The private bathroom, private kitchen, or anything other than private sleeping space is simply not considered in the question of standard-of-living in Federation communities, while in the dominant culture the 2000 census reported that over 26% of all households are now of people living alone, without even children present (14% women, 11% men). Not just bathrooms yet also kitchens, garages, basements, the whole nine yards is controlled by just one person. (See: www.census.gov/population/pop-profile/2000/chap05.pdf and http://www.census.gov/prod/2001pubs/p20-537.pdf )
Sure, there are extremes, and excessive privacy like what the 2000 census shows also causes problems for the individual, society and the environment. There are psychological disorders from being alone all the time, too. It's known that people live longer when they are in mutually supporting relationships. And ecologically the planet may not be able to support everyone in the world having the standard-of-living of each person in a private house or apartment, meanwhile the capitalist system flourishes with that extreme level of consumption. All of these reasons are often presented as examples of the superiority of living in communal community, yet going from one extreme to the other often only exchanges one set of problems for another.
In her book "Living Walden Two" Hilke Kuhlmann asked one of the few true behaviorists in the Walden Two Communities, Ritchie of Dandelion Community, why he left community, and his answer was that he just wanted more private space. At some point the deprivation-of-privacy in community simply over whelmed his ideological commitment to behaviorism.
I once did an informal survey on the ex-East Wind email list asking people why they joined and why they left, and the result of that was that for the most part people said that they joined for ideological reasons and left for personal reasons. I didn't specifically ask what role "private space" had in that and it generally wasn't volunteered as a reason for leaving, yet a further study asking that question could be revealing. Kat herself went through such a change, writing about returning to live at Twin Oaks after several years away. “I looked carefully at my own willingness to live by a code I had myself created but no longer fully believed in. I decided that Twin Oaks had a right to expect me to live by its rules, however naive I now thought its principles. So that’s what I do. I no longer preach absolute equality.” (Kinkade, "Is It Utopia Yet?" 1994, p. 49)
The concern in community against increasing privacy, of course, is with the slippery slope problem of ever-increasing privatization. The desire for private apartments is one of the factors that generally ended communalism in the Kibbutz movement in Israel. Parents wanted to pull their children out of the children's houses and live with them in family apartments. Those Kibbutzim that couldn't afford to simply build apartments for everyone borrowed huge amounts of money to build them for all of their members, and then had trouble making the payments, for various reasons. Some of them were forced to give up their communal economies and privatize as a requirement for restructuring their debt. Now most of the Kibbutz movement has given up communalism, paying different wages for different work and privatizing much of the rest of their economies.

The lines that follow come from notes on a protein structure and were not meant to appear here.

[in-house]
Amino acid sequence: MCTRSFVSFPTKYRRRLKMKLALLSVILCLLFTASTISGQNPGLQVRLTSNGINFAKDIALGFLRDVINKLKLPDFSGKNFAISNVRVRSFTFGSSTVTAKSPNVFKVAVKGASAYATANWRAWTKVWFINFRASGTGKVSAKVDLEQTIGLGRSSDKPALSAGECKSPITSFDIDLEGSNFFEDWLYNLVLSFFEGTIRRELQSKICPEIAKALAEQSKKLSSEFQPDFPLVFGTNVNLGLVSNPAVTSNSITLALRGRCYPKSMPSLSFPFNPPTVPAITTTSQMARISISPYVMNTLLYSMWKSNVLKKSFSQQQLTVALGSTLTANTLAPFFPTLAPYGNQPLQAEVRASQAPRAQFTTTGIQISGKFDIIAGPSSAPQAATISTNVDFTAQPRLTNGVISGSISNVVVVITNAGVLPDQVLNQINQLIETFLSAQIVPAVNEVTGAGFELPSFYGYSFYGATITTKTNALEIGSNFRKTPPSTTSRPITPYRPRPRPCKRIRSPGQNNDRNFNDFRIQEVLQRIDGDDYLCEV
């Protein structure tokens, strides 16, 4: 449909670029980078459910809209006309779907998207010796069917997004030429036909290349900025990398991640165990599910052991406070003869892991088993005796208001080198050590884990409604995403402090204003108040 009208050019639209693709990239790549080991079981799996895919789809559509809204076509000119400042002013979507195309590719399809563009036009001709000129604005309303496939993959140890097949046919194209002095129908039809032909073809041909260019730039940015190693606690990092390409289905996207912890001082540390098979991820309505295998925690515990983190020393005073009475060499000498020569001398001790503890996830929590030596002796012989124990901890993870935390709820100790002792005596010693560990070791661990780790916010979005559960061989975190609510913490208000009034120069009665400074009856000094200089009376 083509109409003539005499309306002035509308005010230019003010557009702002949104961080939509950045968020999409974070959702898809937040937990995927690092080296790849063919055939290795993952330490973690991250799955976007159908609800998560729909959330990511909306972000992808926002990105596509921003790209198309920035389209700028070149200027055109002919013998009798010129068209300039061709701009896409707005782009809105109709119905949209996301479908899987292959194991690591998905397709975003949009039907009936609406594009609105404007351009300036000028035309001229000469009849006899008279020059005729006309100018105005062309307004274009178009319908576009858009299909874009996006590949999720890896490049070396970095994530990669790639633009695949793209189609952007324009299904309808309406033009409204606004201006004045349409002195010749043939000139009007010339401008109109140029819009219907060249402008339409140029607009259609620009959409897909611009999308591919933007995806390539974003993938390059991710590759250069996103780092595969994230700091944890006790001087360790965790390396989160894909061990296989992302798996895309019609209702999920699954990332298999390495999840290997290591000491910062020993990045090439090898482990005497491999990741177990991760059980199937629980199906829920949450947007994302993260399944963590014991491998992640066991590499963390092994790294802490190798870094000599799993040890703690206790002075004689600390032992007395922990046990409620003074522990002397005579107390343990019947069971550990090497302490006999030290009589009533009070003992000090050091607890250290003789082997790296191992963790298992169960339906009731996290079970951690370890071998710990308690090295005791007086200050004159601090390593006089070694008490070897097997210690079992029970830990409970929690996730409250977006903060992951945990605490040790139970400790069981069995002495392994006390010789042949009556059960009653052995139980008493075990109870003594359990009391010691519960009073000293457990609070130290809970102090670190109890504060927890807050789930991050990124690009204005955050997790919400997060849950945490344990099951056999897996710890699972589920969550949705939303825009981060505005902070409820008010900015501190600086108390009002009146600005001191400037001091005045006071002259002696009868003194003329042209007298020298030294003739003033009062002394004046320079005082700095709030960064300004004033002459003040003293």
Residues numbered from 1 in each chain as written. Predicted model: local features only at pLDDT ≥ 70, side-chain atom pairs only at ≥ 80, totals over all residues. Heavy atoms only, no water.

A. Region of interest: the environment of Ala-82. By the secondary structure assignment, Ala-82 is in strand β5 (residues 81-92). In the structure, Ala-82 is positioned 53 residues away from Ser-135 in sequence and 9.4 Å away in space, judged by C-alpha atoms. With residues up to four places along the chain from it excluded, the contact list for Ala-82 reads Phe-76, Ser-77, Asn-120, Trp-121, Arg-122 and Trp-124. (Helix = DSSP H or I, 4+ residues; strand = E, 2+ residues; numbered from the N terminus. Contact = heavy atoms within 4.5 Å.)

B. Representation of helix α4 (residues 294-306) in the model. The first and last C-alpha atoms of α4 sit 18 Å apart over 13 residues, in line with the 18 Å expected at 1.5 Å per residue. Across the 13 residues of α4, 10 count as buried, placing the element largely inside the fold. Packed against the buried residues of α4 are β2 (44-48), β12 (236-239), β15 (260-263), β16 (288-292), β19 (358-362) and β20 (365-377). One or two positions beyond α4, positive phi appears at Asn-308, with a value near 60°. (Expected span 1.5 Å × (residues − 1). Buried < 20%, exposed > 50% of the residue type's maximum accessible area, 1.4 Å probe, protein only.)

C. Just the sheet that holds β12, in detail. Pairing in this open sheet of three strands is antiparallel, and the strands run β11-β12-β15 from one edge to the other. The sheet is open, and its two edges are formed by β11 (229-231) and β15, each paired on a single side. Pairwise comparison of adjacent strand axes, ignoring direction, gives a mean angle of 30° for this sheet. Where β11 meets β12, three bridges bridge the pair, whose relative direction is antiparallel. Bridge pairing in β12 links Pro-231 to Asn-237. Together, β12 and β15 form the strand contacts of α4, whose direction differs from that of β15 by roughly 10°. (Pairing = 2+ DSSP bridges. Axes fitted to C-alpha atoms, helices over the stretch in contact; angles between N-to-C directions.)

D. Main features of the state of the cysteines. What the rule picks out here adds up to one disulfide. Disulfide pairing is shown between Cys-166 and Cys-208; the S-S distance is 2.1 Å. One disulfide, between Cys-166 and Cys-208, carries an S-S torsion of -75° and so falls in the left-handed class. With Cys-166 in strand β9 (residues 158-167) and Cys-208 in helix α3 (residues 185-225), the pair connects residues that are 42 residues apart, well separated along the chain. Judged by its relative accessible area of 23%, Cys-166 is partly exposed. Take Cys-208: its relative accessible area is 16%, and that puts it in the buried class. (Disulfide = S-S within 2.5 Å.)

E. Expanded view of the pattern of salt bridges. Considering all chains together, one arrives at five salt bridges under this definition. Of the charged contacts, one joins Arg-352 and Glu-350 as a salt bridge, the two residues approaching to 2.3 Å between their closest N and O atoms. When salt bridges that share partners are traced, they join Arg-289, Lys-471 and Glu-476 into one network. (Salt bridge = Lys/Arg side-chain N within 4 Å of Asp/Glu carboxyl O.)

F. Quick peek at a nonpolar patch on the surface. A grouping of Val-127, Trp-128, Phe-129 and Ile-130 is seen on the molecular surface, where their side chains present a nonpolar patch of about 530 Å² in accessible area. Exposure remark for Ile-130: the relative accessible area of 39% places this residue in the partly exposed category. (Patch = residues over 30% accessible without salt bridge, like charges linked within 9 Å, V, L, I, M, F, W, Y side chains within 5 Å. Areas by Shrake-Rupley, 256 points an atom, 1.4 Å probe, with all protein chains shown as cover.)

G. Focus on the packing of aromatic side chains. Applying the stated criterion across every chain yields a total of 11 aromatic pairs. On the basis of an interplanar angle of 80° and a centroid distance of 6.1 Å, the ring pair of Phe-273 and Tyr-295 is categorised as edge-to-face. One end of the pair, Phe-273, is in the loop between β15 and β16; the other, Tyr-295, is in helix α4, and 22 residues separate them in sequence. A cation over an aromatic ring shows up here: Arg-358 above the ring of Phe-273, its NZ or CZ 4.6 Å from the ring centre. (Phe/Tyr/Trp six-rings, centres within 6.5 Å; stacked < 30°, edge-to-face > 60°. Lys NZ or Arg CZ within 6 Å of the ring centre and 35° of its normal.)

Never doubt the power of debt-based economics (i.e., the monetary system) to destroy communalism, and all forms of the ideological, economic and natural commons.
Federation communities understandably want to avoid repeating the Kibbutz privatization story, yet it's important to not jump to conclusions, such as that increasing private space inevitably leads to the demise of the communal economy. What may be most important to keep in mind is what many Federation communities have that the Kibbutzim never did. This is the vacation-credit labor-sharing system that can serve to hold the intention of sharing with the kind of strength that the monetary system holds the intention of possessiveness.
It is my belief that the vacation-credit system, invented by Kat, is sufficiently capable of coordinating the communal economy beyond the era of members having only private bedrooms, into the era of families and even polyamorous groups with private suites. East Wind has several private dwellings that some couples share with their children (although without running water), and the former childcare building at Twin Oaks has been occupied by one family (it has running water), so there are precedents. The caution would be against throwing out the baby with the bath water as did the Kibbutz when they increased private space and gave up their communal economy at the same time. To be clear, the “baby” is the vacation-credit labor-sharing system which is the basic dynamic of at least the larger, and some of the smaller communities’ communal cultures. The communal economy and the space use design parameter of only private bedrooms can and in my view must be de-coupled.
Considering the issue of privacy versus sharing in communal society in 1991, I distilled what I think of as being the primary elements of the issues into two essential theories. First the “Communal Privacy Theory,” which states that increasing levels of privacy, afforded by additional resources or powers being entrusted to individuals, does not reduce the community's level of communalism as long as the equity or ultimate responsibility remains under communal ownership and control. And second the “Communal Sharing Theory” which states that the greater the experience people have of sharing among themselves, the greater will be their commitment to the community thus formed; sharing in this context relates to thoughts, beliefs, ideals, feelings, and emotions, as well as to material objects, leadership and power. In summary, as long as the intention and the processes of sharing remain in place, there may be no limit to how much material resources may be entrusted to individuals by the group.